The 82nd Sustainment Brigade hosted the annual Rigger Rodeo at Fort Bragg from Sept. 17 to 21.
The event was a five-day competition where competitors traveled from installations as far as Germany to compete in several areas to test their rigger skills and knowledge. Active duty, Reserve and Special Forces Soldiers participated. A rigger’s primary job is to ensure that parachutes, personnel and aerial delivery systems are properly packed and rigged for airborne operations. The Rigger Rodeo tests riggers in all of those skill areas.
“These riggers came from across the world to compete with each other,” said 1st Sgt. Melloyd Carter of the 11th Quartermaster Company, 264th Combat Sustainment Support Battalion and Miami, native. “Most of these guys haven’t seen each other since Advanced Individual Training; it’s a great opportunity to get back together and show that camaraderie.”
Each team consisted of five riggers, including a team coach and team leader. The competition rules allowed for team leaders to substitute the team coach in place of a graded competitor for up to two events to assist their team achieve victory.
“It means a lot to be selected to be on a team that’s going to compete against other riggers,” said Staff Sgt. Steven Fief, a parachute rigger, instructor at the Fort Lee Quartermaster School and Kankakee, Ill., native. “Being able to come and represent our unit gives us a chance to work together and show what we got.”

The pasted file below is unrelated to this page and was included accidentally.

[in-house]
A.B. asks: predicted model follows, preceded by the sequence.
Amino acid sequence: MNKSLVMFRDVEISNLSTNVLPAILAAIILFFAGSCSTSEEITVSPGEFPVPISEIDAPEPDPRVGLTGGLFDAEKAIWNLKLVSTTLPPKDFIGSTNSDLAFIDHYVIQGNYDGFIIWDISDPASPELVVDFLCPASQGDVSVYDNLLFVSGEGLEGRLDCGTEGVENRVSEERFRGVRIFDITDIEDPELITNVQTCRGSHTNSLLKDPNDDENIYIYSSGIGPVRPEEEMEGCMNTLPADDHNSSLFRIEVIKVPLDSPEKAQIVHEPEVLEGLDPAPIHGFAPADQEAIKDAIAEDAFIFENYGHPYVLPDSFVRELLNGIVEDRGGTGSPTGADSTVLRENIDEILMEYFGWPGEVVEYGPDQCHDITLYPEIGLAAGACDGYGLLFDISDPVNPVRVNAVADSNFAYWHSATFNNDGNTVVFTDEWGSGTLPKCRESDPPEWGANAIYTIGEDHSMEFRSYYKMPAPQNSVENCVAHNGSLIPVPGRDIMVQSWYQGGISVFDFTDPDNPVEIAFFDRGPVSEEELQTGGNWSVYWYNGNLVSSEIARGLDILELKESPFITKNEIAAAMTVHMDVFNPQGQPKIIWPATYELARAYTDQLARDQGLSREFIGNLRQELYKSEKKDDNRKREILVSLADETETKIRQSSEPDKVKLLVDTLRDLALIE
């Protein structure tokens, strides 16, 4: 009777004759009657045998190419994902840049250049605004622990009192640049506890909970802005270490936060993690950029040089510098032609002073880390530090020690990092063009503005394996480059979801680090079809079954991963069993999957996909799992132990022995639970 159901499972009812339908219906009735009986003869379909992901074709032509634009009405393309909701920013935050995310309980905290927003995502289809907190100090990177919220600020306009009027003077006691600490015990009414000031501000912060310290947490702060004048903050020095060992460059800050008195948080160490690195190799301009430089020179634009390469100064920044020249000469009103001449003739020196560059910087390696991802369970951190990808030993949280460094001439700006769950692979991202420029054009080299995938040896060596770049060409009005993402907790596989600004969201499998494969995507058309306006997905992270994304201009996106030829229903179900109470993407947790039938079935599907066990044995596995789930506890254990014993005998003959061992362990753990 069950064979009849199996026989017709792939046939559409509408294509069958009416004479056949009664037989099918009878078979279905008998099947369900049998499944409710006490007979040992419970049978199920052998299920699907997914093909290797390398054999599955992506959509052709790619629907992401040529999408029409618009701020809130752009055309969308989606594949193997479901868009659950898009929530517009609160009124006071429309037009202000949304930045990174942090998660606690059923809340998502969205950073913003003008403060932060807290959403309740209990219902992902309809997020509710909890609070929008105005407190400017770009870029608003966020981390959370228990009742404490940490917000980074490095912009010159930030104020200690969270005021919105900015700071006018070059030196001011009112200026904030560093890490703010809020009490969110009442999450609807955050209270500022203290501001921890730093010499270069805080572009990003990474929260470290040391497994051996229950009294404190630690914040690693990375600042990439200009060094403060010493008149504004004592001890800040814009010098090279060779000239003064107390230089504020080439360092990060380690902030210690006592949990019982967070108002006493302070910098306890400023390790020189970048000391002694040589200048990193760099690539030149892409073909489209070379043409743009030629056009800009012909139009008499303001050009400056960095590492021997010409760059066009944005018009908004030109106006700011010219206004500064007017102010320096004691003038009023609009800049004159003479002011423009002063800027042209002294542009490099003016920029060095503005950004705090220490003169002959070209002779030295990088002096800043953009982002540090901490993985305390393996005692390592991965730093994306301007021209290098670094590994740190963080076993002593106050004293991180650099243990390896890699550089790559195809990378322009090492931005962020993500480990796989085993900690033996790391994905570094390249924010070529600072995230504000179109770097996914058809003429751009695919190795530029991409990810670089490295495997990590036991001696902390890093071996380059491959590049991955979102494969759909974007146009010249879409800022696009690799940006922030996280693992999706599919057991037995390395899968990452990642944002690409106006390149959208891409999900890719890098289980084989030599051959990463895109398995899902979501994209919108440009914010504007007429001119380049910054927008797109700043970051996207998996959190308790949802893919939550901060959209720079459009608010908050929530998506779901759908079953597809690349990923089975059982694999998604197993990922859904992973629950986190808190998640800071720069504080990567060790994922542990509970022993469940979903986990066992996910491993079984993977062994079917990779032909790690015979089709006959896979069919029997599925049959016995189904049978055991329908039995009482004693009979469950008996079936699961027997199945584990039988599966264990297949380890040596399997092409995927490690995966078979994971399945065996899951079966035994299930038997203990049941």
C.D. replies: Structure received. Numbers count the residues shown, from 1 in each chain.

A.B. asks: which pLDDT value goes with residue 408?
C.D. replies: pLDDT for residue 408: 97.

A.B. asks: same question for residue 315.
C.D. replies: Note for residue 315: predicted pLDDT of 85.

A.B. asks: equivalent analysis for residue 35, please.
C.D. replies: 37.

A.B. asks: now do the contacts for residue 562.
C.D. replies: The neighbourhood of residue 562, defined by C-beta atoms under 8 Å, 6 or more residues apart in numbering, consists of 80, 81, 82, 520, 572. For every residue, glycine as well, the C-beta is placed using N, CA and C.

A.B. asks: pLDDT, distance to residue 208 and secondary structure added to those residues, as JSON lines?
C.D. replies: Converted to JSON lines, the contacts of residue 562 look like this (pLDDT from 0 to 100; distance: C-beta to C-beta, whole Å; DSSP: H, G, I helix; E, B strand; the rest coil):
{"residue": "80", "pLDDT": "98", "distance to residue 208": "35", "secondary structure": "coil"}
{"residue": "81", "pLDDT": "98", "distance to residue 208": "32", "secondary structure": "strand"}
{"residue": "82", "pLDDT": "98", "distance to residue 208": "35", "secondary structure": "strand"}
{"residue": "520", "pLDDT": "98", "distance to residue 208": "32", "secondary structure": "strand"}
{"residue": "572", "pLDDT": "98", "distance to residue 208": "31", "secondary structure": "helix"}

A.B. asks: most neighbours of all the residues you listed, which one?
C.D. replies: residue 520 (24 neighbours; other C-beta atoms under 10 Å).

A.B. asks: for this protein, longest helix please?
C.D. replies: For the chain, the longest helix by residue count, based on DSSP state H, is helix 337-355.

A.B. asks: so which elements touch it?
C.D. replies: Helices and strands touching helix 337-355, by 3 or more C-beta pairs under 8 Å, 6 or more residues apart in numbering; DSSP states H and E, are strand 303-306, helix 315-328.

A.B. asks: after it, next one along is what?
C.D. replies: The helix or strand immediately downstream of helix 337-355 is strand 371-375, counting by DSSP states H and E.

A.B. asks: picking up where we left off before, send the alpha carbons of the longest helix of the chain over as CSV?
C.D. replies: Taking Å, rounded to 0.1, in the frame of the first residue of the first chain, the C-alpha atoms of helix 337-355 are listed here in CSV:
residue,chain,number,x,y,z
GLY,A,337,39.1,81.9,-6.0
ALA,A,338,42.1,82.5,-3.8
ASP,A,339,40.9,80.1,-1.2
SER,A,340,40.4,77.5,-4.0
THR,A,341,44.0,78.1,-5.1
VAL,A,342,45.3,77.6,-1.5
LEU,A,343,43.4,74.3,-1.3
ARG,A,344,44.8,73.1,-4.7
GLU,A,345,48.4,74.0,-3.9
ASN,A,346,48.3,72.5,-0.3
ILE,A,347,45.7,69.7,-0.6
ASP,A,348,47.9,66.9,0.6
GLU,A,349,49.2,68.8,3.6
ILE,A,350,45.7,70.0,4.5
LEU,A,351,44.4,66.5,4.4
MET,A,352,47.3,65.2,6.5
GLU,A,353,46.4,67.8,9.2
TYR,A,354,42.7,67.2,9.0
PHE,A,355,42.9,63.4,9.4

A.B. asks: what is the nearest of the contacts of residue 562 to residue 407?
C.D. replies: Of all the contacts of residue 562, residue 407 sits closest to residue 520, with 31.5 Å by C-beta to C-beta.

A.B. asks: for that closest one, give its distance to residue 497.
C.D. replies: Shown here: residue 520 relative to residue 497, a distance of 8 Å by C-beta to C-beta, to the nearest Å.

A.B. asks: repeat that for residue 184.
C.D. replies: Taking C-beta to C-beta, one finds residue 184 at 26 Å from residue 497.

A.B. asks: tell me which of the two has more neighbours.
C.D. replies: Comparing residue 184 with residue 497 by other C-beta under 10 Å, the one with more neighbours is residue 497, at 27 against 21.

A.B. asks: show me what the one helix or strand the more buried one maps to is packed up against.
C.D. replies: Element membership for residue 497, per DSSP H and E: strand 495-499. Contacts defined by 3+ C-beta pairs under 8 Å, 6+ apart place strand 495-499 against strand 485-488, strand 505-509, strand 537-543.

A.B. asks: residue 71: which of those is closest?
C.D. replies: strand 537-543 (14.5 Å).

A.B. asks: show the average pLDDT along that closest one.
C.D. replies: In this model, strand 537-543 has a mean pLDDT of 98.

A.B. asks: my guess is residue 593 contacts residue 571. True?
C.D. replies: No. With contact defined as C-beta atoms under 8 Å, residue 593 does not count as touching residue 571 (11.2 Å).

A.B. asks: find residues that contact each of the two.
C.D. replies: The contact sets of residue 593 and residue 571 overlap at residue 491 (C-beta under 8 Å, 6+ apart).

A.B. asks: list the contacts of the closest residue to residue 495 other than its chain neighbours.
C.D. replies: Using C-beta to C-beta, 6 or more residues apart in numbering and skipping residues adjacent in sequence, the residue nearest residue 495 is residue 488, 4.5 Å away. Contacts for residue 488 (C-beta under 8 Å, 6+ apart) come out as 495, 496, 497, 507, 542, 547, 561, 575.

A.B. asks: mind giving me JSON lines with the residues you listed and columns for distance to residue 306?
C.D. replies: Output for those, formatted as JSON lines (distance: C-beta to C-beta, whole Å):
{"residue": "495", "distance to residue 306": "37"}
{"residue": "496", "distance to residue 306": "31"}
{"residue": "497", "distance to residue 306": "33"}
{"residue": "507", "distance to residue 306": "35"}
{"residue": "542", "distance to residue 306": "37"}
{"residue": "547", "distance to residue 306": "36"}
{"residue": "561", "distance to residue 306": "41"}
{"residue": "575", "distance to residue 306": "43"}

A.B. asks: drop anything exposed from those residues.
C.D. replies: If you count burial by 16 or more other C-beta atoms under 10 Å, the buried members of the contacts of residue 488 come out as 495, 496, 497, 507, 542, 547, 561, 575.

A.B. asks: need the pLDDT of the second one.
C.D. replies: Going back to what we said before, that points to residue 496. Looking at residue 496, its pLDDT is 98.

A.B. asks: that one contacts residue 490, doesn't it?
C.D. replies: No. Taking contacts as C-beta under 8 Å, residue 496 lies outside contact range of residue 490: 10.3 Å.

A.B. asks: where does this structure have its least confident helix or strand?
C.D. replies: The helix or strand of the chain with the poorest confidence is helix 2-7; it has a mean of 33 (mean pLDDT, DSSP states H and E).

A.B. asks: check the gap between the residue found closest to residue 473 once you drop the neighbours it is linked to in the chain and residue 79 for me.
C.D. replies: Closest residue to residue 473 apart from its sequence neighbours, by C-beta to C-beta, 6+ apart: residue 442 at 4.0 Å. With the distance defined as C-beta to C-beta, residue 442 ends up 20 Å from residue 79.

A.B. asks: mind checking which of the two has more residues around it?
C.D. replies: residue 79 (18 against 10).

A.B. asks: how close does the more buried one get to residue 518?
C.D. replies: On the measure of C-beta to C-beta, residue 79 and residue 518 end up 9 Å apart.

Riggers tested their land navigation skills using grid coordinates on a topographical map and a compass to recover a dropped container delivery system bundle. Riggers also participated in parachute and suspension line repair, two of the more technical events during the rodeo. They were also required to locate and patch a hole in a parachute within a time limit.
“You have to have a lot of patience, especially when you’re doing the sewing event,” said Carter. “It’s one of those events that are graded very hard and attention to detail is very important,” he said.
“I use the Rigger Rodeo to see where I stand,” said Spc. Joshua Medina, a parachute rigger with the 824th Quartermaster Co, 362nd Quartermaster Battalion, 207th Regional Support Command, and Boynton Beach, Fla., native. “I see it as a test of my knowledge and leadership. This competition shows that the rigger field is one of the most integral in the Army. The mission can’t happen without supplies; and supplies don’t get downrange without riggers. Riggers are the ones who make it happen.”
“This is a really technical field,” said Fief. “Every time we pack a parachute, a Soldier’s life is involved.”
After the competition, the winners of the rodeo were announced at the final event of the week — the Rigger Ball.
The 623rd Quartermaster Co., 264th Combat Signal Support Battalion from Fort Bragg took first place, receiving an Army Commendation Medal and the rigger rodeo trophy for their efforts. Second place went to the 824th QM Co., also from Fort Bragg, who received an Army Achievement Medal. Third place went to Echo Company 1st Battalion 507th Parachute Infantry Regiment from Fort Benning, Ga., who received a certificate of achievement for their efforts.
The annual Rigger Rodeo provides a competitive atmosphere for riggers from installations around the world and rewards the hard work of the rigger community and the value they add to the Army.